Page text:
Get the Lowest Prices anywhere on Macs, iPads and Apple Watches: Apple Price Guides updated June 26th
 

 
Hands-On

First look: Zungle Panther bone conducting Bluetooth speaker sunglasses

After a highly successful Kickstarter campaign that raised nearly $2 million, the Zungle Panther sunglasses with built-in bone conduction speakers are now making their way onto the faces of the wider public. AppleInsider offers a closer look at the Bluetooth accessory.




Priced at $149.99, the wireless accessory aims to be a safe headphone replacement, allowing your ears to hear the noise around you while sound is transmitted through bone conduction. AppleInsider was provided with a pair of Zungle Panthers to test from reseller BiteMyApple.

Taken out of the carrying case from which they arrive, the Zungle Panther sunglasses are obviously chunky, to fit all of the components inside. The stems on the glasses that rest behind the wearer's ear include the bone conduction components, transmitting sound in a less conventional way.




Despite their size, they look like mostly normal sunglasses when worn. And they weigh in at just 45 grams, meaning it won't be a strain.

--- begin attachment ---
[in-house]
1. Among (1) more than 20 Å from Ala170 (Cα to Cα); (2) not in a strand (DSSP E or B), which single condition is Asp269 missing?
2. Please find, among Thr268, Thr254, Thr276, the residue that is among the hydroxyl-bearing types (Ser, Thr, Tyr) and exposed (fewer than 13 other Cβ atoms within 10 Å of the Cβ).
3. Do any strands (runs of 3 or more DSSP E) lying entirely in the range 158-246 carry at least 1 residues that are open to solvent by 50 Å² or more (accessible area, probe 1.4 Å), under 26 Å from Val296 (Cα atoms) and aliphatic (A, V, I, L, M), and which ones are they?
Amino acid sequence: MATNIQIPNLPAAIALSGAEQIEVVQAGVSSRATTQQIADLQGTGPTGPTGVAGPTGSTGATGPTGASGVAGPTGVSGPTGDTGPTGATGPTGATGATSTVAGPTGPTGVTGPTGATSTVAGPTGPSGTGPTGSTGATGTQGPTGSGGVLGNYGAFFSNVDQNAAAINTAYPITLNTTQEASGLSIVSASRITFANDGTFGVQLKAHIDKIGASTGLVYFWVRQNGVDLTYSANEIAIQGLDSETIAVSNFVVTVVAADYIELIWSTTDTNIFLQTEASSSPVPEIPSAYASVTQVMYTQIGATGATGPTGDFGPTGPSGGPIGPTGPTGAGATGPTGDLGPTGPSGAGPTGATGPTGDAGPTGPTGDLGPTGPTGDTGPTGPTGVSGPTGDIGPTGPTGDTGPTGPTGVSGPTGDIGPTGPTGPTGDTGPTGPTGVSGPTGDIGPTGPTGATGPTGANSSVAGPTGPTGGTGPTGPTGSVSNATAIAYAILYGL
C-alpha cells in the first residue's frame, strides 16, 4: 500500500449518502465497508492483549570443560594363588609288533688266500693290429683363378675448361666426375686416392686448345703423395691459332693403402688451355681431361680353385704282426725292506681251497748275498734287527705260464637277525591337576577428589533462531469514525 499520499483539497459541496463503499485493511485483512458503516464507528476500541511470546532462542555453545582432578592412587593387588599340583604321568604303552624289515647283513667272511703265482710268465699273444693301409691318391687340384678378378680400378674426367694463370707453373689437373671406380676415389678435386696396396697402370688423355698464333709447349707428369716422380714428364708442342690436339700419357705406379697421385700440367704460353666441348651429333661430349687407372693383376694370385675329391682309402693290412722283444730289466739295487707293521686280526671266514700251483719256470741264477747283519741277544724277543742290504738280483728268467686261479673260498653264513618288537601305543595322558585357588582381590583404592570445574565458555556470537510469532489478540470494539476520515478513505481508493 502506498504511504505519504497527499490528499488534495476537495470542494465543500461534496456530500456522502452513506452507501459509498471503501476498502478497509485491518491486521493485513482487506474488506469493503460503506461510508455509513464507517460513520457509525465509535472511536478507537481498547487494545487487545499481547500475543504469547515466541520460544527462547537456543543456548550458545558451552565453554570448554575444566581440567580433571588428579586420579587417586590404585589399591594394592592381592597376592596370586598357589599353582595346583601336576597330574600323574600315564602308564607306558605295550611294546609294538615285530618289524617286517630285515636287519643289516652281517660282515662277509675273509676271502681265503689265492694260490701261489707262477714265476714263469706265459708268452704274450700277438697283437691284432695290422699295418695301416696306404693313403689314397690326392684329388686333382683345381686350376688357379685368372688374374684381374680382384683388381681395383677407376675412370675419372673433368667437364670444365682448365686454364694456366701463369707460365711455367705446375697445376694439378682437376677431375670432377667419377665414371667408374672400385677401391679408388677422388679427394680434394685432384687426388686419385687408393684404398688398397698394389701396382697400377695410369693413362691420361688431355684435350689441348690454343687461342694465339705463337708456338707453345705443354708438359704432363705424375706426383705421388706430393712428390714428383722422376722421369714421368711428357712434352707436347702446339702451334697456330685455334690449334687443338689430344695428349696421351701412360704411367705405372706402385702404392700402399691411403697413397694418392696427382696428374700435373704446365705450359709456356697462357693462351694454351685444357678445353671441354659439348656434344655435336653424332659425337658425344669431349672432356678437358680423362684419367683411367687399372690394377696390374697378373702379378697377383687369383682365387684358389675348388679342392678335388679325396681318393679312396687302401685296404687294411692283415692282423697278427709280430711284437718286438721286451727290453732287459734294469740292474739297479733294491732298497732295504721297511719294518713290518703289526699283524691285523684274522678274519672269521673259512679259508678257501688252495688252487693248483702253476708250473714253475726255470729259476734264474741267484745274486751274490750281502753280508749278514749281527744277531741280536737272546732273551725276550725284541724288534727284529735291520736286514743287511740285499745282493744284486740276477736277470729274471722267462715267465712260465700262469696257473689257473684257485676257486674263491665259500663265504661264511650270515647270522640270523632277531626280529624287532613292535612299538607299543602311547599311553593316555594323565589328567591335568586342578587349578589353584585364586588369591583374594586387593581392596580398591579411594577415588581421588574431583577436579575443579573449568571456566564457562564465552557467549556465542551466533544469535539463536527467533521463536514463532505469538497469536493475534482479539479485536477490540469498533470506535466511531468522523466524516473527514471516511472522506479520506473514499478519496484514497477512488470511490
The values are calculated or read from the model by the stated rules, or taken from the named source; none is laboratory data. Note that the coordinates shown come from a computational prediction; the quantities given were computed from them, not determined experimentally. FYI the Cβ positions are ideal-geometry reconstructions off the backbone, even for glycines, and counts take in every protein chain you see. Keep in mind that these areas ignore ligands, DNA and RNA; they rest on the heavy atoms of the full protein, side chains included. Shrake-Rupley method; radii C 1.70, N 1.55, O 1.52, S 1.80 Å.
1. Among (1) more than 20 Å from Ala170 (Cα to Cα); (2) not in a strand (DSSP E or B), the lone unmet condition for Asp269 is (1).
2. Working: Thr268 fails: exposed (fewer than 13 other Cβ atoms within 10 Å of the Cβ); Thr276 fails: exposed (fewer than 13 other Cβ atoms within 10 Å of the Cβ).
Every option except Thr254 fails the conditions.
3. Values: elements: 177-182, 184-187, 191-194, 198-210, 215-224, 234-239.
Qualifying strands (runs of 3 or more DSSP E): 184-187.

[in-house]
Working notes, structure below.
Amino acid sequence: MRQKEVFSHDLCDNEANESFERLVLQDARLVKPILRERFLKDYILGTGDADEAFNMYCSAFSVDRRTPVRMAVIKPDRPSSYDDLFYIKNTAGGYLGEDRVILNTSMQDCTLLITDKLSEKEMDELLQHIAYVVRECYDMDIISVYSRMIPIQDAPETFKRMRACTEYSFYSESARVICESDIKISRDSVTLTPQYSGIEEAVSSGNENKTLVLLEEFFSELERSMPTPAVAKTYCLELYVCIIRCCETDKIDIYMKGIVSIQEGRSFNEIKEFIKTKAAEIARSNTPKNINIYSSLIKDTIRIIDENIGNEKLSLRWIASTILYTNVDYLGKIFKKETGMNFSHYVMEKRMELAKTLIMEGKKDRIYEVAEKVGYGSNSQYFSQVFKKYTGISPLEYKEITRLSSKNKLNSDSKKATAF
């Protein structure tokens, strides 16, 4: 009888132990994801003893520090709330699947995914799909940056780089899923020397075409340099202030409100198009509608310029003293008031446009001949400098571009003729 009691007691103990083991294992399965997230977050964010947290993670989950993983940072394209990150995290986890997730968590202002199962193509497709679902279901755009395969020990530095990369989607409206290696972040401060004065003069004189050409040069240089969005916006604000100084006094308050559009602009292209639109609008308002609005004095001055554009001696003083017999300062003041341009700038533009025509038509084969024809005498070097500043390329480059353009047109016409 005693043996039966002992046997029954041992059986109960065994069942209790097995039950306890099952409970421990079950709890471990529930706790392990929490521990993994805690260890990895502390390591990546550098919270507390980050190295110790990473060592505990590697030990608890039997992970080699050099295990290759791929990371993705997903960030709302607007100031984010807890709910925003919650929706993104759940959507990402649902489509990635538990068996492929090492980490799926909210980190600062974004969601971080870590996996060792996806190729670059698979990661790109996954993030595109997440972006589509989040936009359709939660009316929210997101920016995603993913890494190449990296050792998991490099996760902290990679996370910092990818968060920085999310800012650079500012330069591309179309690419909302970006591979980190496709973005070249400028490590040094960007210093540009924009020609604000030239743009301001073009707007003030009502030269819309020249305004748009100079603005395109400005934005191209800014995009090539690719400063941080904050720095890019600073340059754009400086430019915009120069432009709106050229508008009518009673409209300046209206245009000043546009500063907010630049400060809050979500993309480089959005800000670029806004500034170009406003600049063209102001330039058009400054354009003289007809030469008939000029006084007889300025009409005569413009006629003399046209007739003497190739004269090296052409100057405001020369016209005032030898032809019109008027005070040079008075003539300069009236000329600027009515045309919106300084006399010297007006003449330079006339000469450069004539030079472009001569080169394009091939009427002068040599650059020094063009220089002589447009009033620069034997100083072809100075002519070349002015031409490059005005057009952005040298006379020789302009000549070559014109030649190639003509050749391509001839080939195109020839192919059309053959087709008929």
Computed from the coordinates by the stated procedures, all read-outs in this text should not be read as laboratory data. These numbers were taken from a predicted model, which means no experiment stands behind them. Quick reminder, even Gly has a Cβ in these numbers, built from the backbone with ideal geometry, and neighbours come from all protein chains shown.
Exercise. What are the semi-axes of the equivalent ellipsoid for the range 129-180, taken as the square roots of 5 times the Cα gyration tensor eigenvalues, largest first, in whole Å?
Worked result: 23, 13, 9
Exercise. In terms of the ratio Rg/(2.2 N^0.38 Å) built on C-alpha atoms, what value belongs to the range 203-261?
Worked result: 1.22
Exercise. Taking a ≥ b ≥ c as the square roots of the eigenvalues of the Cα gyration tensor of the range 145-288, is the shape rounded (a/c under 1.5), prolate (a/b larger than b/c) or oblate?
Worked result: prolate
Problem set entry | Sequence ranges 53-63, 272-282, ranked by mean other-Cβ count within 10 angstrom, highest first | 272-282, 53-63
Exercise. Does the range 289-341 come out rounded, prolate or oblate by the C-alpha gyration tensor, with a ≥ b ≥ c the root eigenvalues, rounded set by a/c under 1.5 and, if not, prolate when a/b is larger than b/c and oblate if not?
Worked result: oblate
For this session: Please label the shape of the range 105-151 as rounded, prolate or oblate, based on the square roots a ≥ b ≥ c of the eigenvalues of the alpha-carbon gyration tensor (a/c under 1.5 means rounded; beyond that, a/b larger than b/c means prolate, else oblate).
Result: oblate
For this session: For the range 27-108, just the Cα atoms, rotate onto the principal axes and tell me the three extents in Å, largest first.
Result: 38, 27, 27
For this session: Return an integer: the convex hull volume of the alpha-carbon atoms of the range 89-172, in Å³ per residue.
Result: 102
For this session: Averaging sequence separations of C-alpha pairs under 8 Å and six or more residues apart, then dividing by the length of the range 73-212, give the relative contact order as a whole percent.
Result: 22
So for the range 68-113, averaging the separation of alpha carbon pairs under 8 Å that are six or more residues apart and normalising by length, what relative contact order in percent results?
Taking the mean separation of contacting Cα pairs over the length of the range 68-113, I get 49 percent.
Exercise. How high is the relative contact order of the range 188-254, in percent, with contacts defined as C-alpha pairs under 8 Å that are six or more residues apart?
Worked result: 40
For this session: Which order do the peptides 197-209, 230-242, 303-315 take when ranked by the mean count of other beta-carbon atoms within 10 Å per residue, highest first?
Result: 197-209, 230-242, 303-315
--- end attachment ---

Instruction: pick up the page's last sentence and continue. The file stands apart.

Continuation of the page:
By default, the Panthers include a pair of orange reflective lenses, but they also ship with an extra set in "titanium gray" that can be switched out.




Control and charging are accomplished through the right side of the glasses. A button underneath allows for power and pairing mode, while a touch sensitive strip above the wearer's temple can be used to take calls, pause or skip tracks, and even invoke Siri with a double-tap.

When folded in, the stem reveals a rubber plug over a micro USB port for charging. Zungle says that the Panther sunglasses offer 100 hours of standby time, or 4 hours of playback.




They also include a microphone on the right side, facing downward, allowing users to make calls and use Siri directly from the glasses.

In our initial tests, the Zungle Panthers are quite snug on the head, likely needing a tight fit to ensure the bone conduction works. Users with larger heads should be aware, as the fit was noticeable in our initial tests.




Pairing was easy and simple, and the glasses are treated by iOS or Mac just like any other Bluetooth accessory.

Sound quality obviously suffers from bone conduction, though we were in fact able to hear the world around us while sampling music.




Unfortunately, whatever speaker technology is being used by Zungle means the world around us could also hear our music, making them somewhat less discreet. We had hoped that the use of bone conducting technology would make the glasses largely silent to anyone but the wearer, but even when taking off the glasses, the sound emanating from them was quite noticeable.

The Zungle Panther is currently available to purchase from BiteMyApple for $149.99.